Designers of "viral bag with Arabic text" aim to tackle social misunderstandings in humorous way.
Two Palestinian graphic designers saw one of their tote bag designs go viral after it was photographed on a train in Germany’s capital, Berlin.
In simple bold Arabic script, the text on the bag translates to "This text has no meaning except to scare people who don’t understand it".
The picture of the bag has been widely shared and praised on social media and the two designers, Sana Jammalieh and Haitham Haddad, have been flooded with praise and inquiries about their product.
The pair founded Rock Paper Scissors design studio in Haifa, Israel, in May 2016.
Friends since their college days, they create T-shirts, bags and mugs that deal with social and gender issues in a humorous way.
Al Jazeera: Where did the idea for the tote bag design come from?
Haitham Haddad: When we first opened the studio we wanted to make some sort of tote bag design that was very simple in the way it looks but conveys a very straightforward message.
It came from our reality because we are Arabs - Palestinians living in Israel. There’s sort of a common fear or misunderstanding of the Arabic language here. So it was an in-your-face message to make fun of people who are scared of the Arabic language ... and are afraid of it. Because people who don’t think much connect it directly to, you know what [terrorism].
In the studio, the entire way of expressing ourselves in design is based on humour and sarcasm and trying to point out that most people think in a very shallow way.
People holding the tote on their shoulders are somehow testing other people and mocking them because they don’t understand Arabic and they’re just afraid of the language, or the font, or the curviness of the Arabic.
Al Jazeera: What other challenges has the Arabic language faced in Israel?
Haddad: In the past five years, especially in cities like Haifa, people are trying to reclaim their Arab knowledge, or the language, or the use of the typography as a means to express themselves.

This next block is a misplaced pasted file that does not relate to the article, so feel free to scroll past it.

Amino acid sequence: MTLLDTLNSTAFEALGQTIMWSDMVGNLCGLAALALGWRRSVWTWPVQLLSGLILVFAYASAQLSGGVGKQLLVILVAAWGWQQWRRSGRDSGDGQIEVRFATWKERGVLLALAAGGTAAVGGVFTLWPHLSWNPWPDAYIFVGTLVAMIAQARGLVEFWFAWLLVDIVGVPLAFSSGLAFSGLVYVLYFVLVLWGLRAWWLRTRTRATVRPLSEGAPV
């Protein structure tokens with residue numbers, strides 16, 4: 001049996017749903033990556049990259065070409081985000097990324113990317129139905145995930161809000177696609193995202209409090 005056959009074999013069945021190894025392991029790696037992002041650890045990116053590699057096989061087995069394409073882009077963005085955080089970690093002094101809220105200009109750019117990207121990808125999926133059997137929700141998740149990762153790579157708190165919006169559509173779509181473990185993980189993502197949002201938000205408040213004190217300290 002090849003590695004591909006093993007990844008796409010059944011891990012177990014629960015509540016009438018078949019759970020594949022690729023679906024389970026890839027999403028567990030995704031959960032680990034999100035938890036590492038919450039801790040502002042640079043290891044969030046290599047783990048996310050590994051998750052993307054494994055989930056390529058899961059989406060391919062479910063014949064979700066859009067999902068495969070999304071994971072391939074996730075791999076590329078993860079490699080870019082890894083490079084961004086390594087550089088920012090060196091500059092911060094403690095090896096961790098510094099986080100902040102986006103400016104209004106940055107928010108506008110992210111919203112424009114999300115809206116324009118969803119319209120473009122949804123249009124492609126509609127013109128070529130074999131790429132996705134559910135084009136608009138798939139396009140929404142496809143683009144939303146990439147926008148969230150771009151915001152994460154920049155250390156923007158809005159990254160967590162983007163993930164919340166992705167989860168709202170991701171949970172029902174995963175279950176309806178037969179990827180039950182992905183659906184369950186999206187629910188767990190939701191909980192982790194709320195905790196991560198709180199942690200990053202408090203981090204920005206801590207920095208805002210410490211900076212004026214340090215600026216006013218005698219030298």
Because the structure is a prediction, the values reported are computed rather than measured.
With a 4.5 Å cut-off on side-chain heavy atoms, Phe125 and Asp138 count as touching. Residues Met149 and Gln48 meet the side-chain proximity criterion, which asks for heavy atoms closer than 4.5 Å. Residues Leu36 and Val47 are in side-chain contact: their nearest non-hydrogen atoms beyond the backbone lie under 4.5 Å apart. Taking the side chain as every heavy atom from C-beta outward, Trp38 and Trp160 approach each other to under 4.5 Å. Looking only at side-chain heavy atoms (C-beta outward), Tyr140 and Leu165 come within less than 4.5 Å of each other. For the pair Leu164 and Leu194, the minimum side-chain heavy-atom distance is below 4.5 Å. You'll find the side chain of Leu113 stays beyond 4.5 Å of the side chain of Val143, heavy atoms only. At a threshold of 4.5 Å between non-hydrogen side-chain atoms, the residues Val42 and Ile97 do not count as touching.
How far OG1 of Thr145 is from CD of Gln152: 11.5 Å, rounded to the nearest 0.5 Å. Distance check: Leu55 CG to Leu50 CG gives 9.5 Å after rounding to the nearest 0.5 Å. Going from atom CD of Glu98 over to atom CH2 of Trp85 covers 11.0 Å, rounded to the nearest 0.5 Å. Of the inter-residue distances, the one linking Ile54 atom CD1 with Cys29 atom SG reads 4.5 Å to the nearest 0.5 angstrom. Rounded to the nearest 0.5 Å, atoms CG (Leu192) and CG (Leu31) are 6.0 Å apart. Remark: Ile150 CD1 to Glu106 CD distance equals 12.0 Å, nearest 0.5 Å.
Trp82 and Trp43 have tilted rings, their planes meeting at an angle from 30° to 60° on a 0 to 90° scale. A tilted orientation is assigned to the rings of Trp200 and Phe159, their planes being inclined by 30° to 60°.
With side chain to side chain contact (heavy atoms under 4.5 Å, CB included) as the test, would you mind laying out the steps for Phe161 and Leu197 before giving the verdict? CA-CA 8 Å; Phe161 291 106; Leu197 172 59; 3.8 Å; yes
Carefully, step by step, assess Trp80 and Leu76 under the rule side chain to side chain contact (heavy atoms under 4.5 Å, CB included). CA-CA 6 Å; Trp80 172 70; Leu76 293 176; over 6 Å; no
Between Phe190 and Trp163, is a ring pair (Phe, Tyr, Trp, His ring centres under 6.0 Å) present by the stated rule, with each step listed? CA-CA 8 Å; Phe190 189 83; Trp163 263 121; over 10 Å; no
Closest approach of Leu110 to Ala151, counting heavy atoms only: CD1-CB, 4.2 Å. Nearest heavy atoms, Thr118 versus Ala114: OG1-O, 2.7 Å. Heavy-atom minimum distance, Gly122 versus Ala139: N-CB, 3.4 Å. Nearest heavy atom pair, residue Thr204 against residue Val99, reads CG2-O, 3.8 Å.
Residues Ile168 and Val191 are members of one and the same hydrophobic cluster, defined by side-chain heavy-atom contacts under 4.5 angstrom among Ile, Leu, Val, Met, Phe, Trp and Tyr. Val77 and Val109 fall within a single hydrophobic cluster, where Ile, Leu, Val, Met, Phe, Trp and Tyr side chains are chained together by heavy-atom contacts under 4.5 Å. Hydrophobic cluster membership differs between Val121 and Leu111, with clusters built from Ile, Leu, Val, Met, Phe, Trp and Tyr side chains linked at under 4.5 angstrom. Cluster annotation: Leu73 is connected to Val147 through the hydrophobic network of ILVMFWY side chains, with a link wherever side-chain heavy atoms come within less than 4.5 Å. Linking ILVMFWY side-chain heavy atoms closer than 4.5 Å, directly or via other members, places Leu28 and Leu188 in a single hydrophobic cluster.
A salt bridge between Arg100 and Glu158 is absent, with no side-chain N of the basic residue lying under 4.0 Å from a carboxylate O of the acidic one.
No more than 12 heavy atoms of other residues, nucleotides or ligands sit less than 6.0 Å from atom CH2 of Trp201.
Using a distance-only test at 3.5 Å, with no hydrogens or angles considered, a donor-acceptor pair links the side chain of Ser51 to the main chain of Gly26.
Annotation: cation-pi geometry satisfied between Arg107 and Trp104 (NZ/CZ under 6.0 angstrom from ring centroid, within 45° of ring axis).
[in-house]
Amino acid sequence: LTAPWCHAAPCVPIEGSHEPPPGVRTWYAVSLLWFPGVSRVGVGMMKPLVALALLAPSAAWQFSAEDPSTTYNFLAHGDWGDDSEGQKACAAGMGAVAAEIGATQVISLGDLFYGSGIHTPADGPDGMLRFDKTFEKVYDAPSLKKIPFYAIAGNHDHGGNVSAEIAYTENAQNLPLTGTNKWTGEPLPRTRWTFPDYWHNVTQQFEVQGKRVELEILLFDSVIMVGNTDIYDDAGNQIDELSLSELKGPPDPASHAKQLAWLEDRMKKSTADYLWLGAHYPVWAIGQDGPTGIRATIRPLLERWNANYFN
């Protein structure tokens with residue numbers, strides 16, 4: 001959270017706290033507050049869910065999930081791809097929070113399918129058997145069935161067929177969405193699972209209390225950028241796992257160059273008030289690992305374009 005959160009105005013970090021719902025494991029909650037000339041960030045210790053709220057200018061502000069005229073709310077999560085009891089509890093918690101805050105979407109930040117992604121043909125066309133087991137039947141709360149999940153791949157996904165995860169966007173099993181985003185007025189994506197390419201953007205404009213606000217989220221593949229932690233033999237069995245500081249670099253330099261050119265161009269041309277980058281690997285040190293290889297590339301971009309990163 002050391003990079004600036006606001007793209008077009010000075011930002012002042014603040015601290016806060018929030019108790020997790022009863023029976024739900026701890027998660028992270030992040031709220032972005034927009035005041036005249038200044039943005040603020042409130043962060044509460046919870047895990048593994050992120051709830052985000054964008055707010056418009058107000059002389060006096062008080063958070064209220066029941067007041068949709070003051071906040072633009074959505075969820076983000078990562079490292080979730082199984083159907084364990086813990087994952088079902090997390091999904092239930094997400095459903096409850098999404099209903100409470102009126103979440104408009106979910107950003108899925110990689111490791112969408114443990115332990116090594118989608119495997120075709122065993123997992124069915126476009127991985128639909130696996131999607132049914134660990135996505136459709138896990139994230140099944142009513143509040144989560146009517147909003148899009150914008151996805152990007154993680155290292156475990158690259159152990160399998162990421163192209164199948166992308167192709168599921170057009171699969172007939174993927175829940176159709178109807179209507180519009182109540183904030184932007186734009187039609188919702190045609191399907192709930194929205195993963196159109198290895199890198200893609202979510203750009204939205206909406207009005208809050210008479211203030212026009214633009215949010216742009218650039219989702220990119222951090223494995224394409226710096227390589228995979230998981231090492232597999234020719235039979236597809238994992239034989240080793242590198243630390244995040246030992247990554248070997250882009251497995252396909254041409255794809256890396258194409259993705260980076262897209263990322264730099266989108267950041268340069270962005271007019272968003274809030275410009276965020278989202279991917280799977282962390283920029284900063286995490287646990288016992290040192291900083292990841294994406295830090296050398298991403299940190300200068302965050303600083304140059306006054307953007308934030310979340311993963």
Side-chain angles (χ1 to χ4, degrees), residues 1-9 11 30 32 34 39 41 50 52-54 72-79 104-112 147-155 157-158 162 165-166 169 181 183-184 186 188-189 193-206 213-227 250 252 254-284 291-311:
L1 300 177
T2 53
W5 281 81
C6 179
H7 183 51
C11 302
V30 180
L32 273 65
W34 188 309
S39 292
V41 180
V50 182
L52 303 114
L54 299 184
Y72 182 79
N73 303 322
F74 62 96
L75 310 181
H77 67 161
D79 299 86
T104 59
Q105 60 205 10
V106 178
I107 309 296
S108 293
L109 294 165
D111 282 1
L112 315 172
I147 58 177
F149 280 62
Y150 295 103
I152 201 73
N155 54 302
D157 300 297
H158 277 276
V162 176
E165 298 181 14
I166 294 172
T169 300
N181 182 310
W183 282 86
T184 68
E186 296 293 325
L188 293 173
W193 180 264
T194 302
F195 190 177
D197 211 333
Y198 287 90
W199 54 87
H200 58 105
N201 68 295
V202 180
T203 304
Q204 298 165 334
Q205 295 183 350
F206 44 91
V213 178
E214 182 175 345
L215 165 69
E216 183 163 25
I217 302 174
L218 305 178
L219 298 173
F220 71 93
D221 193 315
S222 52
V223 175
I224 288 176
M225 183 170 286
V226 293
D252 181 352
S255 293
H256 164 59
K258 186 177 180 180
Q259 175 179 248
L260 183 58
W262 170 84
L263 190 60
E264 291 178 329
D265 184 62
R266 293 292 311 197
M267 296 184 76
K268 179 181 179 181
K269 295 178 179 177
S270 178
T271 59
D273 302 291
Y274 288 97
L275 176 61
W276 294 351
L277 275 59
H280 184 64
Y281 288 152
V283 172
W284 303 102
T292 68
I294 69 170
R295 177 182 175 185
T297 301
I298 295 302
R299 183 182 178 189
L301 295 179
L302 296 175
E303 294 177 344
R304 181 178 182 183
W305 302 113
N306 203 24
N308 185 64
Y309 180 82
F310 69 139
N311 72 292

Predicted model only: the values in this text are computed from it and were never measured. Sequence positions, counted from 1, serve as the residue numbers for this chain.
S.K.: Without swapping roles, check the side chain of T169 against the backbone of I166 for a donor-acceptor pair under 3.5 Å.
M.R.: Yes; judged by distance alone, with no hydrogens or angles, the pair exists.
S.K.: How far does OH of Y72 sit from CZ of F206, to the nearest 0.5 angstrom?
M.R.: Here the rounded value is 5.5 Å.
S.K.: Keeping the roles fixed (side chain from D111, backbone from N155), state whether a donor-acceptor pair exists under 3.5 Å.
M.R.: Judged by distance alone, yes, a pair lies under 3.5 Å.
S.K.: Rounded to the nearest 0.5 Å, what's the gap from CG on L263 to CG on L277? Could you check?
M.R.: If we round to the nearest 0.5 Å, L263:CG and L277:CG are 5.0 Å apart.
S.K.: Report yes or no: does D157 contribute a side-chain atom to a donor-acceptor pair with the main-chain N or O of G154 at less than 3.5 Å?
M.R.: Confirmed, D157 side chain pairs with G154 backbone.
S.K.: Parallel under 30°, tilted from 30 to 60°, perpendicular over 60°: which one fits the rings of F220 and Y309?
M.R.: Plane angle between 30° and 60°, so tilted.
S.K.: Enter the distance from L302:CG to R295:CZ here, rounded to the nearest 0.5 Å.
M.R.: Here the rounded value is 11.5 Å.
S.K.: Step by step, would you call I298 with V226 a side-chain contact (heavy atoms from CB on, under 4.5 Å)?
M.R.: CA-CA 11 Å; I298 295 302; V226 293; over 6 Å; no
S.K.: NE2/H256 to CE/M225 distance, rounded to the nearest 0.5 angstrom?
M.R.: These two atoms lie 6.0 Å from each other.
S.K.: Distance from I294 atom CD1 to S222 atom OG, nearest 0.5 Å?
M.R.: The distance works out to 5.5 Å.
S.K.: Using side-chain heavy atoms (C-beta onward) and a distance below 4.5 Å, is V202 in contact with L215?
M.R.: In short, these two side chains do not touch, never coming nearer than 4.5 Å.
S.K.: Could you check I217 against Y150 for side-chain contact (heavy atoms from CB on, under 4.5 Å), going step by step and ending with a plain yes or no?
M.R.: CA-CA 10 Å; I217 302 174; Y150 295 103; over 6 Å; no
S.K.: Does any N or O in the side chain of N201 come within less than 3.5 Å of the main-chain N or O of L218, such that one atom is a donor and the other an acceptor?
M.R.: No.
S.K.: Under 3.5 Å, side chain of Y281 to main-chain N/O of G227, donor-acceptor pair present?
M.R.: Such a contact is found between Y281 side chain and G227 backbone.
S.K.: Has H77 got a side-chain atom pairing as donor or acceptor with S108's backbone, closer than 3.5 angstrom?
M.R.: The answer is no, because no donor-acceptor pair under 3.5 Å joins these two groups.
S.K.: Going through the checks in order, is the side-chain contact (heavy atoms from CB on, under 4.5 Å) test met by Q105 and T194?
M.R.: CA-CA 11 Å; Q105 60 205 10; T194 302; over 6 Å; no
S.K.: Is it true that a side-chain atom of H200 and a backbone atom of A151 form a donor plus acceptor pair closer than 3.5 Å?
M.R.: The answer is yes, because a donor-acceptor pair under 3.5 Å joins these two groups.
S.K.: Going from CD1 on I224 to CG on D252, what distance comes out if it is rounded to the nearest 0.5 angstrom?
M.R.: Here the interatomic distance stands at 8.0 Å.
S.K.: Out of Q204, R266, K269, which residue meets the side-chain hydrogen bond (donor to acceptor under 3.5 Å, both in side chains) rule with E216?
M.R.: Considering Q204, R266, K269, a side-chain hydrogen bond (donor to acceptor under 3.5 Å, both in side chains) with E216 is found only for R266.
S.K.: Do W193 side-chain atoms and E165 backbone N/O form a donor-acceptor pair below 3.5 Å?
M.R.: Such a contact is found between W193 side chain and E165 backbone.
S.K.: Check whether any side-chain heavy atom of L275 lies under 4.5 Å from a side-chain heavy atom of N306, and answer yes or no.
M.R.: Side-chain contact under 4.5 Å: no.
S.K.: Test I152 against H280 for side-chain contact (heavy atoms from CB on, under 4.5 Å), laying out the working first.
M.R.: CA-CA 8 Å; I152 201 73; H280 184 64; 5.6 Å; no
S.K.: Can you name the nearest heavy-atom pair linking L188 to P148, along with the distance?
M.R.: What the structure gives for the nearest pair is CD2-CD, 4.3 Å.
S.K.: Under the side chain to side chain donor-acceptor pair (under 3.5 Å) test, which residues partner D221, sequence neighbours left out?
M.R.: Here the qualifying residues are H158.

Sana Jammalieh: It wasn’t really bad before but there was a time when the Arabic language wasn’t cool. It kind of disappeared when the whole chatting programmes came 15 years ago - you couldn’t type in Arabic.
"Arabeasy" was invented, which is Arabic words written in English letters, which is really sad because Arabic started to disappear. But now you can type in Arabic and more people are aware of it, and hopefully Arabeasy will disappear again.
Al Jazeera: What is it like to have the picture of your design going viral?
Haddad: We’ve answered more than 500 messages on Facebook in the last day asking where they can buy the tote bag. And we are also trying to find out who’s trying to copy the print because a friend keeps sending us screenshots of people trying to steal the design or the text. It has already been happening.
It’s not a common saying or slang - it’s just a sentence that Sana and I made up, and that’s why when people put it on a T-shirt they are actually stealing or copying our work.
Since yesterday, we’ve been sending messages saying "please stop what you’re doing". It’s just individuals trying to make the money that we don’t have!
Al Jazeera: Why do you think people have responded to the design in Europe?
Jammalieh: We make art and, like a painting, everyone sees it or connects to it the way they want to, so the same thing happened with this bag.
In Europe now there are bad conditions with the fear of Arabs and terrorism, and Arabic is obviously connected to that in their eyes. So it’s kind of the same thing Arabic language is being victimised and the whole Arab nation is being victimised and automatically related to terrorism, which is wrong.
Al Jazeera: What kind of response has the studio received directly?
Jammalieh: We’ve not had any bad feedback, not even one negative comment. Most people are asking where they can buy it, so that’s why we opened an online shop today. Due to all the requests and people copying our design we made sure that we sell our design because we don’t want people to copy it.
We came back from Berlin yesterday in the morning and we turned on our mobile phones and found out what’s happening. Five hours later we were in the studio working. We haven’t had much sleep!